Missouri S&T ACO Question-Writing Guidelines
Look here for High School Tournament question guidelins.
by Ben Lea
Guidelines as amended by Bill Stallard and Matt Chadbourne, Spring 2006
Guiding principle -- We are providing teams with opportunities to demonstrate their knowledge, not opportunities to demonstrate our own.
General -- Provide pronunciation guides for any words or formulae -- like 4,4'-(Hexamethylenedioxy)dibenzamidine -- that may be difficult for a non-major in that field to pronounce. (If you don't know how to pronounce it, look it up.) Provide alternate answers whenever appropriate, and give explicit instructions what may or may not be prompted on. Remember that the moderators for these tournaments are volunteering their time; be kind to them.
Ben's personal question-writing philosophy -- Writing questions with personality is good; writing questions with inside jokes, or personal feelings or views is not so good. (ACF so-called "purists" may queue up to bite me at their leisure.)
- 3 to 4 sentences in length
- 3 to 4 facts, increasingly easy:
After the 1st fact, a major in that field should have a shot at it.
After the 2nd fact, someone who took that course as an elective should have a shot at it.
After the last fact, it should be reasonably accessible for anyone with a knowledge of that field.
- The phrase "for 10 points" must appear in the LAST sentence. This is non-negotiable.
- If there's a giveaway clue, contort your grammar however possible to end the question with it.
- Get a fact that is unique to the subject into the question as early as possible.
- 2 good teams should answer between 18 and 20 tossups.
- Pronoun rule: The antecedent to the 1st pronoun (he, she, it, they, this, these, that, those) in the question should be the answer you're looking for.
- Do not write "left-turn" questions (questions that flout these rules intentionally, for the sake of making other teams look bad); they are not clever, not cute, and not funny. Schools and players have been hounded off the circuit for this.
- One of the easiest tossup lead-ins to write is "Born in City, State in Year, he went to Named University where he majored in Subject." Hearing a lot of those gets boring, so don't use more than one or two in a round.
- Perhaps most importantly, you do not have to put every fact you know about the subject into a question. Again, you're not showing off how much you know; you're trying to help the player get to the answer.
- All bonuses are 30 points.
- No 1-part bonuses.
- The trend is away from 6-part, 5 points each bonuses, so don't write a lot of them.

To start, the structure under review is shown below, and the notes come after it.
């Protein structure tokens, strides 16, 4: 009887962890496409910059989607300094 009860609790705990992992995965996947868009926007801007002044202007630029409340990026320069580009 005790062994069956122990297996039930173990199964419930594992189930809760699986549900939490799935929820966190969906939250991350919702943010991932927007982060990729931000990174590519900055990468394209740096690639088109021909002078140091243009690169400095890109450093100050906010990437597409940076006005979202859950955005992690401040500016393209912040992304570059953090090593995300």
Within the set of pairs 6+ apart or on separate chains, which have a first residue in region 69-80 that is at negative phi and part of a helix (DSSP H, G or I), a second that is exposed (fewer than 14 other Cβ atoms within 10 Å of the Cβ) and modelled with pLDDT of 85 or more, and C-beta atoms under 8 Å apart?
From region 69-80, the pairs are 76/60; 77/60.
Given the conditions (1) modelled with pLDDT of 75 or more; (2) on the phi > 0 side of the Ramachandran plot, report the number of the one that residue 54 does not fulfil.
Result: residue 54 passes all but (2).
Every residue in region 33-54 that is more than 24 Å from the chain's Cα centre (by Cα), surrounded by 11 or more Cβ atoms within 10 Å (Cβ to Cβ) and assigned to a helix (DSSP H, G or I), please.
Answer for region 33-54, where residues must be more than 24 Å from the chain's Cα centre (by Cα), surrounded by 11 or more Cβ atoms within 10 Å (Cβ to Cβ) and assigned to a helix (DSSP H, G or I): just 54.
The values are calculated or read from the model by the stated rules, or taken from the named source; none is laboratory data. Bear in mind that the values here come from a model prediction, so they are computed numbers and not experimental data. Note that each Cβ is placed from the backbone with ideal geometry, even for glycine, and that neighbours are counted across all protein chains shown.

- No more than 3 or 4 30-20-10 bonuses.
- Vary the structure; a few 30-20-10s, a few 3-part 10 points each, a few 5-10-15s, a few 5-5-10-10s, and so forth.
- Good teams shouldn't bagel bonuses, even if they don't have an expert in that particular field on the team.
- Do not write a 30-20-10 bonus unless the subject has a good 10 point clue; 3 clues does not a 30-20-10 mke. Do not write a 30-20-10-5-1 bonus unless (a) it's a trash round, and (b) there's a good one point clue (e.g., "His son, Adam Clayton Powell, Jr..." or "He starred as himself in The Jackie Robinson Story").
- Try to spread the subject material throughout the round. Don't put all the science questions (for example) in one stretch of 7 questions. Try putting science tossups at 1, 5, 9, and 16 or so.
- Numbers 1, 10, 11, & 20 should be the best tossups (most fun, best written, easiest, however you want to define "best"). Thus, each half starts and ends on a high note.
- Put the fun bonuses at the beginning, since you want them to be heard. Put the best bonuses between #10 and #16, because the later bonuses may decide the round.
- Very, very rarely, like once every 3 (non-trash) tournaments, a theme round is acceptable.
- Balance the subject material within a field. In other words, 4 literature questions per round is fine, but 4 questions about British poetry in one round is not.
Also available: The SHAG Method
Write 6 & 6 in each category. Within the categories, write the following number of tossups & bonuses:
1 Math/Comp Sci
2 more science (not the same one -- don't write 3 physics tossups)
1 American history
1 European history
1 Ancient/World history
2 more history (again, not the same sub-category)
1 Social Science (economics, sociology, linguistics, psychology, librarianship!, etc.)
1 American literature
1 British or French literature
1 World literature
1 more literature (your choice -- I'd suggest American)
1 Art/Classical Music
1 more art (your choice)
1 Religion/Philosophy/Mythology (hereinafter abbreviated RPM)
1 Movies/TV/Popular Music
2 General Knowledge (like a name the year, 30-20-10, or something else that transcends ONE category)
1 more general (your choice)